my trail bike (only i've ever attached a rear rack) have a straight line from the seat stays holes to screw in the rear rack and the top clearance for the rear tire. my wife's fuji bike has the rear tire way higher than the holes on the seat stays.

Can i add any brand of rear rack to this bike? or should i look for something special for these cases?

fuji absolute 4.0 ladies

  • Is this a case where the rear brake is blocking access to the rack attachment points? If so, you'll need to find a creative solution to getting a rack on there. We did it with my wife's Trek Navigator, but it means the rack is limited in how much weight it can carry. (If this isn't the case, can you give us a close-up picture of the problem area?) Commented Oct 21, 2011 at 18:32
  • i will take the rack out of my bike and try to fix there to have an idea. i'm mostly worried that i will have to bend the suport 'wires'. or that i will have to put it too forward that side baskets will not be an option (main idea is to have side baskets for grocery shopping)
    – gcb
    Commented Oct 21, 2011 at 18:41
  • 1
    You're right to be concerned; bending a rack or it's stays (the support pieces that attach to the bike) can weaken the rack. How much weight will you be carrying? (If it's just the occasional bag of groceries or a bag for a day ride, there's not too much to worry about.) Commented Oct 22, 2011 at 2:40
  • we plan to use the rack for two side retractable baskets. but don't plan on carrying too much weight... i just installed it using brute force... and it appears to be too forward. guess that when i get the side baskets i will have problems
    – gcb
    Commented Oct 25, 2011 at 23:56

3 Answers 3


It takes a little bit of bravery the first time, but you can easily apply some force and bend the front rack stays to reach down to the seatstay. The rack stays are designed to be bent, and doing so doesn't appreciably reduce the carrying capacity of the rack. The majority of the load is carried down the vertical portions of the rack to the dropouts, and the horizontal stays are purely there to prevent the rack from rotating forward or backwards - their effect on the load bearing capacity of the rack is negligible. Many constructeur bikes do away with those stays entirely, bolting the rack directly to the rear fender.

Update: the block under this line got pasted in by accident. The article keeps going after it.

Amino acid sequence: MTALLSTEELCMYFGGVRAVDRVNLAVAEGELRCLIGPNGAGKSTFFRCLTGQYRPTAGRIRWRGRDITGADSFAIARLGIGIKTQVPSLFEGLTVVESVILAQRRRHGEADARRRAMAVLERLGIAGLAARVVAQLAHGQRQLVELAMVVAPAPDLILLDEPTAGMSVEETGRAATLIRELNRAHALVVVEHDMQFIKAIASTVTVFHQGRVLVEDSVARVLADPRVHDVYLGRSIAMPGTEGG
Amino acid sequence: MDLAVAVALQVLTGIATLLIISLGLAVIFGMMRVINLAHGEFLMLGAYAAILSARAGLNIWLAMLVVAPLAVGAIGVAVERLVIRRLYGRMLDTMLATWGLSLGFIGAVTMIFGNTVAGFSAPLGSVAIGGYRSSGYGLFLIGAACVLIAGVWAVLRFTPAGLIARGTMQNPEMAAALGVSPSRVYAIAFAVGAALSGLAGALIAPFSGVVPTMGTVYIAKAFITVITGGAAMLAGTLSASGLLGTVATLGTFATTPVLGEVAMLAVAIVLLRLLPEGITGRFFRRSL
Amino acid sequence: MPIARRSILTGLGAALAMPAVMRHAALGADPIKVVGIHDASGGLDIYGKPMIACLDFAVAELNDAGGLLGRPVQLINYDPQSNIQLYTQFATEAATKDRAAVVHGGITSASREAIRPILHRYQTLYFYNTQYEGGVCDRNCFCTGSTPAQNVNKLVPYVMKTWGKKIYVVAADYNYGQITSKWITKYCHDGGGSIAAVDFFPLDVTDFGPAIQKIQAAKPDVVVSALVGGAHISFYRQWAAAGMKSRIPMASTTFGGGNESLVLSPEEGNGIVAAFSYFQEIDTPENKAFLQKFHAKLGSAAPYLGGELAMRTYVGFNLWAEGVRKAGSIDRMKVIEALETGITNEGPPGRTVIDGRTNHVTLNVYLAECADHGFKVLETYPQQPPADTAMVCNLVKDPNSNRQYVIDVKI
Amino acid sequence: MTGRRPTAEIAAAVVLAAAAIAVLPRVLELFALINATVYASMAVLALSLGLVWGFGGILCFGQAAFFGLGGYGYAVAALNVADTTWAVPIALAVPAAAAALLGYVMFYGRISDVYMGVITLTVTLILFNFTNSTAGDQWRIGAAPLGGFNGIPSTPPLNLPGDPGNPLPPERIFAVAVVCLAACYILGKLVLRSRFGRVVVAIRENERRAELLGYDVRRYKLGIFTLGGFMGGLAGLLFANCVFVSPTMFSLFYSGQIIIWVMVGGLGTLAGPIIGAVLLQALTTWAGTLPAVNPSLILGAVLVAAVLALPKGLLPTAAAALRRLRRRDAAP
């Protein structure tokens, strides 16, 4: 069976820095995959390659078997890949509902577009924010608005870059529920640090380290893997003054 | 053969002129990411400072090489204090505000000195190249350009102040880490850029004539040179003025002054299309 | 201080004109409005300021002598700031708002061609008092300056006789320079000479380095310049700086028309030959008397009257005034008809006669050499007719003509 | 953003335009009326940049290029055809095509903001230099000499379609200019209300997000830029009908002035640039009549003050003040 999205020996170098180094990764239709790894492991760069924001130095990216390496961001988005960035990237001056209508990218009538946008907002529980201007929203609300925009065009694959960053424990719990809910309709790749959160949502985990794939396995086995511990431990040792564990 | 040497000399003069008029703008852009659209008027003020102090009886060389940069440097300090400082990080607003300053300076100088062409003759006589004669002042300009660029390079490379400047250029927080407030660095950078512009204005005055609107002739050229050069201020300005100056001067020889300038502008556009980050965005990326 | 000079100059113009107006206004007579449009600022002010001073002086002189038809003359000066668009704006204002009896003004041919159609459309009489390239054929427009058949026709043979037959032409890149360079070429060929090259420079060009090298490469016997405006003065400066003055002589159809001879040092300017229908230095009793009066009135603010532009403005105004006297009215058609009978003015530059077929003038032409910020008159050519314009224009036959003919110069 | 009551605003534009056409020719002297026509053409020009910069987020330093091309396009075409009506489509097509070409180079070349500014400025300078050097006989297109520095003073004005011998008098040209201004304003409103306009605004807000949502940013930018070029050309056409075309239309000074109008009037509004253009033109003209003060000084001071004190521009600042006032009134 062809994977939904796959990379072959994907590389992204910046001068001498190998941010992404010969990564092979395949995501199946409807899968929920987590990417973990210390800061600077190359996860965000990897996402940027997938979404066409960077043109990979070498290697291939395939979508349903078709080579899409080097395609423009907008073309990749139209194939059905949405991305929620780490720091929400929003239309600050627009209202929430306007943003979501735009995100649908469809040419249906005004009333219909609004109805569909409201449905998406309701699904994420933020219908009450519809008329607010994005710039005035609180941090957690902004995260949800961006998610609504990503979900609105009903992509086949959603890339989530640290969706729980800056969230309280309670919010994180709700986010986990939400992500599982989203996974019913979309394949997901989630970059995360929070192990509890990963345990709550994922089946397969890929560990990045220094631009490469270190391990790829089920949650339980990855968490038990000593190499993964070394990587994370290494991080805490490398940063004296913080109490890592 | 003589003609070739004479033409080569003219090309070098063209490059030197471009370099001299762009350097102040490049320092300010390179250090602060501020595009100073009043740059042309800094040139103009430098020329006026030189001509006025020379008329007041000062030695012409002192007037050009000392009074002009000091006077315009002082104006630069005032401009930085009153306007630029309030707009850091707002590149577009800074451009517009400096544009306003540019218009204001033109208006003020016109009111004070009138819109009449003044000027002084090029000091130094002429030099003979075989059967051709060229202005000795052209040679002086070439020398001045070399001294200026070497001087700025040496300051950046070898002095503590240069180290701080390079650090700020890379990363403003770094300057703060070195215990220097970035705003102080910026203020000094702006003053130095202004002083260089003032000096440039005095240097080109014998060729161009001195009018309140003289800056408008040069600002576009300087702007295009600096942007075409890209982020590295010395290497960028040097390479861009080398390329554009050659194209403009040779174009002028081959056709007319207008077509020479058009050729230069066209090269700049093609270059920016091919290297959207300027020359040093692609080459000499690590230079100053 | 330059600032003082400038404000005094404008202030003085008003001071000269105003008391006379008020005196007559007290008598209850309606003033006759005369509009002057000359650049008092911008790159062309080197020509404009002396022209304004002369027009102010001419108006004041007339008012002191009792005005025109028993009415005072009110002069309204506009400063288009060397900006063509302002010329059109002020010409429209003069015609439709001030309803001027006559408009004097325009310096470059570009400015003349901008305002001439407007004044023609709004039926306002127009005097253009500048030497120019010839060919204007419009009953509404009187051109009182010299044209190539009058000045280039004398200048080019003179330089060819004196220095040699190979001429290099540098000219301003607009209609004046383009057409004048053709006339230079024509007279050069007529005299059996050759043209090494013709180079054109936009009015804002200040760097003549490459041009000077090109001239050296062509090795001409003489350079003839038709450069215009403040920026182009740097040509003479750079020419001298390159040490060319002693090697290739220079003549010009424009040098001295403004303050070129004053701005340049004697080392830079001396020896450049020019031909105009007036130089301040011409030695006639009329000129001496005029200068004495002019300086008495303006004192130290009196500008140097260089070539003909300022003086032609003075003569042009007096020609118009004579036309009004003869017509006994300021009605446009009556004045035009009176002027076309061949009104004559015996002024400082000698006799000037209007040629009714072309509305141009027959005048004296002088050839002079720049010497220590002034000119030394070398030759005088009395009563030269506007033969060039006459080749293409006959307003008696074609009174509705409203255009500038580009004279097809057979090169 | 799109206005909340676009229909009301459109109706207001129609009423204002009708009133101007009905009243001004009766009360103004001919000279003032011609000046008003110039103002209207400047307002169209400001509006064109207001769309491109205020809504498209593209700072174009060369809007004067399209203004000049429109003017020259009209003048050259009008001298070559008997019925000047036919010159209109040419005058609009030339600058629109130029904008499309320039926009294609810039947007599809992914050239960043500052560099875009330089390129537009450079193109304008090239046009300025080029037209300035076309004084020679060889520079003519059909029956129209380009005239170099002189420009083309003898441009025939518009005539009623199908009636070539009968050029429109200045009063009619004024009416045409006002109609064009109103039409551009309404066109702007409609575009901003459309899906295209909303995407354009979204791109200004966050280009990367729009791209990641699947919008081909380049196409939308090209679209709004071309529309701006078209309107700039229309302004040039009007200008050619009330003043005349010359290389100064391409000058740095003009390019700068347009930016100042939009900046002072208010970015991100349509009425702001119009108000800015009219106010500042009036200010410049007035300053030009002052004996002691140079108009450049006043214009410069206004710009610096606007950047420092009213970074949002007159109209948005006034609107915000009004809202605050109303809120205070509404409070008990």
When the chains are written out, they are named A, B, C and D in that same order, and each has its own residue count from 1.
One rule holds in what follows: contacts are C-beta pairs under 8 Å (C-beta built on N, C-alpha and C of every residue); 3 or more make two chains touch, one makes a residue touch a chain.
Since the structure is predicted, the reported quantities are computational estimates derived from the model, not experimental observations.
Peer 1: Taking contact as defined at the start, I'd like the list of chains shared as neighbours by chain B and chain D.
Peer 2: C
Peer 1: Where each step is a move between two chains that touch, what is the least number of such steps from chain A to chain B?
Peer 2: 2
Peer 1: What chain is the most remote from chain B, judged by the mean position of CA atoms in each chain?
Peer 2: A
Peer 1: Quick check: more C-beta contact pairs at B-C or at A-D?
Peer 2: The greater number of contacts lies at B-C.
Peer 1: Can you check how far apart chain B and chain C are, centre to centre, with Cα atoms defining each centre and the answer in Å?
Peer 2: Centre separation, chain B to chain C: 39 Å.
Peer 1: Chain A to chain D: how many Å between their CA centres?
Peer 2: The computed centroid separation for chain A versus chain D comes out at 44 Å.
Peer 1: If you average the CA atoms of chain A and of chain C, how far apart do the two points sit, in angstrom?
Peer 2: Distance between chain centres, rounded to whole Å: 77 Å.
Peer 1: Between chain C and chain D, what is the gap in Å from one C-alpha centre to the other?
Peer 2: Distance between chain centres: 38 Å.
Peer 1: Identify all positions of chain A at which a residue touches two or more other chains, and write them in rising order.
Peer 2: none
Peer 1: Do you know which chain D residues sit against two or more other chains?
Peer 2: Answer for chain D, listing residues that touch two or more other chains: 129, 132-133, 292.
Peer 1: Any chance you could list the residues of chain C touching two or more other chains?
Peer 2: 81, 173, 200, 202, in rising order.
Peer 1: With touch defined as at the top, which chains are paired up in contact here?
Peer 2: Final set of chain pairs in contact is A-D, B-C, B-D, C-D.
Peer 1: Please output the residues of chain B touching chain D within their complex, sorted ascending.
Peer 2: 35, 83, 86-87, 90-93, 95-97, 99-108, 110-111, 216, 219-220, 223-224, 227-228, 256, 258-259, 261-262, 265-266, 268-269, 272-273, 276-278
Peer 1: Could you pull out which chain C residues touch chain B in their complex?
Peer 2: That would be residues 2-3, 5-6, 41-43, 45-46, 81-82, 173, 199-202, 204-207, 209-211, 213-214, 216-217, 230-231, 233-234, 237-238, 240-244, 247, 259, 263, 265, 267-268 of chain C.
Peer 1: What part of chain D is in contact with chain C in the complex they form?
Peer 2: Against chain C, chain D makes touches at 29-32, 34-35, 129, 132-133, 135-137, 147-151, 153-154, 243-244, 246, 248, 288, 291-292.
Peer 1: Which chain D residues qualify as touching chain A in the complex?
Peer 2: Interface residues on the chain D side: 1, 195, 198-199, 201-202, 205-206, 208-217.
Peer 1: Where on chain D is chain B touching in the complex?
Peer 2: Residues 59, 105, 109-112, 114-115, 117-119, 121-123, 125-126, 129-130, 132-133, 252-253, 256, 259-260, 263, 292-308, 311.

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    I had to look up "constructeur bicycles" and found some great pictures and some with the type of rack you're talking about with no connection to the seat stays
    – Jason S
    Commented Oct 24, 2011 at 22:44
  • I know specifically that the instructions for Tubus racks actually tell you to do this. I had to do it to get over the brakes on my bike. I tour with a fairly heavy load and have never had any problems.
    – jimchristie
    Commented Oct 10, 2012 at 23:22

With racks, carrying capacity is far more important that brand or model. With the exception of racks that click into bags made by the same manufacturer (like Topeak), racks are mostly all the same. The exception to this is high-capacity touring racks, which get quite expensive and are overkill for anything but touring or hauling very heavy loads.

If you're concerned that you'll have to mount the rack on a bit of an angle, don't worry about that. However, if the rack stays are being blocked, then you have a problem that'll have to be solved with bending rack stays, and that'll reduce the effective carrying capacity and durability of the rack.

  • Will update this when I get an answer to my comment on the main question. Commented Oct 21, 2011 at 18:35

Another possible solution may be a seatpost mounted rack.They have a capacity of around 20lbs. Since they attach to the seatpost only there should be no clearance issues.

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